-New bolts for the pendulum (dog-bone) mount if you are replacing them (recommended)
-27 mm socket
-10 mm socket
-13 mm socket
-16 mm socket
-18 mm socket
-10 mm 12 point socket
-17 mm allen wrench (optional, but recommended)
-10 mm Triple Square (12 point) bit
-12" ratchet extension
-Small blade screwdriver
-Spray penetrating lubricant
-Medium phillips head screwdriver
-Impact wrench (optional, but HIGHLY recommended)
-Small blocks of wood
Note: I cannot be held responsible if something goes wrong during the performance of this procedure. I have done my best to make it as accurate as possible, but there may be some mistakes. Please use your head when working with the jacks and the engine/transmission combo.
Before you begin....
i. Drive the vehicle to a well lit spot and chock the rear tires. You will be here for a couple of hours, so make sure you can leave the car here undisturbed.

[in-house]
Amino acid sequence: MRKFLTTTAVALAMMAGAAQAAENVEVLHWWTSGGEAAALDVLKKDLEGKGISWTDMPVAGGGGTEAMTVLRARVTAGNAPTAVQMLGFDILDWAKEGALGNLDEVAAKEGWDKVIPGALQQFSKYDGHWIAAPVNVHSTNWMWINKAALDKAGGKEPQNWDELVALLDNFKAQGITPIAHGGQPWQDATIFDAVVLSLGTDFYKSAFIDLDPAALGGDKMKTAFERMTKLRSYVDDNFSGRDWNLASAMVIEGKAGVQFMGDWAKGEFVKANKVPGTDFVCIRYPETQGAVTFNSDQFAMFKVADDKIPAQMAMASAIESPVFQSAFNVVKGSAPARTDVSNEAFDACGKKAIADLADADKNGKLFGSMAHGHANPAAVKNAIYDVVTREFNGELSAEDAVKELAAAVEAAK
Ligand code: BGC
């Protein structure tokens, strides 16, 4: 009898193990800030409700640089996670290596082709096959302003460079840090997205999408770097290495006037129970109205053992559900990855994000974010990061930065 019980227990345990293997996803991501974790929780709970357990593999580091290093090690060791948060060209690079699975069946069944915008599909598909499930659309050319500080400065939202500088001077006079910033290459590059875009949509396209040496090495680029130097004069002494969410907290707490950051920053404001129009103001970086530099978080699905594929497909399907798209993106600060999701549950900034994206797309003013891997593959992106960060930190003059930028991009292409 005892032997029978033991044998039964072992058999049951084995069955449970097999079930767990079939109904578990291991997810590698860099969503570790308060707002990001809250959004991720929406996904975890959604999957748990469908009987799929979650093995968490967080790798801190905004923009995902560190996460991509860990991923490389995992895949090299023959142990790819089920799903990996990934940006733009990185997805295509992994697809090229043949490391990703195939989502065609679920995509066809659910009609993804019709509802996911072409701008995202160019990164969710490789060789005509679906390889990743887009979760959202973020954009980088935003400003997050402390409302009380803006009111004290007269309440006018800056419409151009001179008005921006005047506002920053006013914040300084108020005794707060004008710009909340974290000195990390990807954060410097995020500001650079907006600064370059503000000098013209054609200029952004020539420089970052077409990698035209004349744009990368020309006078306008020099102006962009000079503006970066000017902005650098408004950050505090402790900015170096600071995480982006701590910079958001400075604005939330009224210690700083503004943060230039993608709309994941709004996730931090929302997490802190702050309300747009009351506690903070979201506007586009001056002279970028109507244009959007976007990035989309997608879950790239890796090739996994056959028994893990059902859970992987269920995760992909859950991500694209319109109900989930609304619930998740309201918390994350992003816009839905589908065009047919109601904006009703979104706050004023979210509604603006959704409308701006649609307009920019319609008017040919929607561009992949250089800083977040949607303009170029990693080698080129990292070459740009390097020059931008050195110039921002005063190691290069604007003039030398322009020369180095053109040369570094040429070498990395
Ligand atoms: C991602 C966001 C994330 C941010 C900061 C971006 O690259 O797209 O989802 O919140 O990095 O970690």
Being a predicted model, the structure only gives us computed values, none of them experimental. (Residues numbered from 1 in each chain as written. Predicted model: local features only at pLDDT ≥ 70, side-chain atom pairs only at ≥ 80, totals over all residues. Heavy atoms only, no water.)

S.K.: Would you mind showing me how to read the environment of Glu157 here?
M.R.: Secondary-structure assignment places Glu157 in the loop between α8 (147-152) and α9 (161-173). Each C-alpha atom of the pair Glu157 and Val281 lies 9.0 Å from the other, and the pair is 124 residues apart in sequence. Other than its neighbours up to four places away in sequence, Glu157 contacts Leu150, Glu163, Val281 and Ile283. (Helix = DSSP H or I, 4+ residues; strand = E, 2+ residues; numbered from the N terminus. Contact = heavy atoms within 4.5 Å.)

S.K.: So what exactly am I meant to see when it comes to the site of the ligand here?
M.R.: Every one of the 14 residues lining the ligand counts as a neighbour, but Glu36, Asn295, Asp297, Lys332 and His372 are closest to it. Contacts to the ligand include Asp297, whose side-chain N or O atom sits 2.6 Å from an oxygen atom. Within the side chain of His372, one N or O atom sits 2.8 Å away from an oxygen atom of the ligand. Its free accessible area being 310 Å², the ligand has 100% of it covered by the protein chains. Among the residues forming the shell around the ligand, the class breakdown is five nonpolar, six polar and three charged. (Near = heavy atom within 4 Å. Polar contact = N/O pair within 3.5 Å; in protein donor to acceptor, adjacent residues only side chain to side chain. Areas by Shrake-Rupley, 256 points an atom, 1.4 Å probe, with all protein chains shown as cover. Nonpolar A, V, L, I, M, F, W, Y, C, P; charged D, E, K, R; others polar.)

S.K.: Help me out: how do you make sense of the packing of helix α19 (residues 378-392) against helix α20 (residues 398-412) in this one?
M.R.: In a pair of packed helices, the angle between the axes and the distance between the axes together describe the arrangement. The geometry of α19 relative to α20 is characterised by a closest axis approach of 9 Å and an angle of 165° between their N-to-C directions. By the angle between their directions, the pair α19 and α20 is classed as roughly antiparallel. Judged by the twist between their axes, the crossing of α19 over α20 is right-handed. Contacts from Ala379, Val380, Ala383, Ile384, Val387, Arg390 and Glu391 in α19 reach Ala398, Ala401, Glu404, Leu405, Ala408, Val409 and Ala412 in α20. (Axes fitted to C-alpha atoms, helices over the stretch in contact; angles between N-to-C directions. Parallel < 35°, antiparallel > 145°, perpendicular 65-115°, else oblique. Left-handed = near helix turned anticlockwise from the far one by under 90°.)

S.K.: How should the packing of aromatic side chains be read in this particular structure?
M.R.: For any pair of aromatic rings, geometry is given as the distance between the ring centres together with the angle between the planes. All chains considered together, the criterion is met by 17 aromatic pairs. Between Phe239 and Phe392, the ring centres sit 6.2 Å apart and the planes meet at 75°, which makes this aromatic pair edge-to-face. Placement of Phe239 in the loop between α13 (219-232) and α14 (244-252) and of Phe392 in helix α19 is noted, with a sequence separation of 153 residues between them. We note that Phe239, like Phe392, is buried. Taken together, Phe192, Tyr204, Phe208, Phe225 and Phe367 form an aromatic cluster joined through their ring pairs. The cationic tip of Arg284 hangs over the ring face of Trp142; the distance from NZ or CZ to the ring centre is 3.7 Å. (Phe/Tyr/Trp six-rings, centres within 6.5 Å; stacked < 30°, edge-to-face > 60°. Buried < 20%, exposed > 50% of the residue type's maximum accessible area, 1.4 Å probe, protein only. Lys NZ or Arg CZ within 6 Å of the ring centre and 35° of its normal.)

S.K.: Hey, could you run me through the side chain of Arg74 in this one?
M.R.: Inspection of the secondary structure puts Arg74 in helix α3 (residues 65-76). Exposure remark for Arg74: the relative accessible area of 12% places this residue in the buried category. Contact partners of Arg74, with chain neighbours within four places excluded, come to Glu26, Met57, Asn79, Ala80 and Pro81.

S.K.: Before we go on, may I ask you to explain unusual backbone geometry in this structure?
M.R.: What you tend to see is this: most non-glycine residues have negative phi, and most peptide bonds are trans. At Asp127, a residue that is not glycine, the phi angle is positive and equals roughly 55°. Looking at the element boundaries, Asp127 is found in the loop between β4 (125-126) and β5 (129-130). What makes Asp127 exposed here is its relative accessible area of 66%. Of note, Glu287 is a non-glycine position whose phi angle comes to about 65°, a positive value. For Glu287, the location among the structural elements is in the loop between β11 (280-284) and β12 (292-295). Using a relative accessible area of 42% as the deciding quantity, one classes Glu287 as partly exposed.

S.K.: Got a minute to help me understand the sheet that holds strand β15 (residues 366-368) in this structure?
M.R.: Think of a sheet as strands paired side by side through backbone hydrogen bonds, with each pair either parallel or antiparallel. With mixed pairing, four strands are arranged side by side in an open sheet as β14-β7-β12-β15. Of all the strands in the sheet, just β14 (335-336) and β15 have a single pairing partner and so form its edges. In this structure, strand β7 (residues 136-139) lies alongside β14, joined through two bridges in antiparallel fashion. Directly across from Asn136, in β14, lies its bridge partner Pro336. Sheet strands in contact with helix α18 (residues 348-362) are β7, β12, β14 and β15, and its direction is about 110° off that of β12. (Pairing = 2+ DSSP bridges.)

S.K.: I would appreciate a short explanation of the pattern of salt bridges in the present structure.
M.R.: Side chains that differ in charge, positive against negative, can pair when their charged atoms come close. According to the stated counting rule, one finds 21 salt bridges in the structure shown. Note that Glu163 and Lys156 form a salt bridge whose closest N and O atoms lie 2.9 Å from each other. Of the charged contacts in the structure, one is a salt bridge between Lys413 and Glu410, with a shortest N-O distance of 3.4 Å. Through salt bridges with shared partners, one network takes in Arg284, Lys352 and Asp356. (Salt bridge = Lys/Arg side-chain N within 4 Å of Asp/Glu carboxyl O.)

ii. Once the vehicle is parked, raise the hood.
iii. You may need the radio code for OEM radio if you still have yours since the battery will be disconnected for a while.
1. Start by removing some interior components. Perform steps 1.a) through 2.e) of the Starter Motor Grind Fix/Replacement DIY.
2.a. Remove the air filter. To do this, unscrew the two phillips head screws at the top of the air box cover. They will not come all the way out.
b. Lift up on the top of the air box cover, and slide the air box off of the retaining clips.
c. Lift up on the air filter to remove it from the air box.
3. Disconnect the MAF air sensor. Insert a screwdriver blade in to the small hole at the end of the connector, pry up gently, and slide the connector off.
4. Using a pair of Vise-grips, open and lock open the clamp connecting the air header to the air box. Leave the clamp opened for now.
5. Slide the air header off the air box cover by rocking the header back and forth and pulling it off the air box cover.
6. Disconnect the plastic hose attached to the air box cover. Squeeze the ribbed sides firmly and pull the hose off.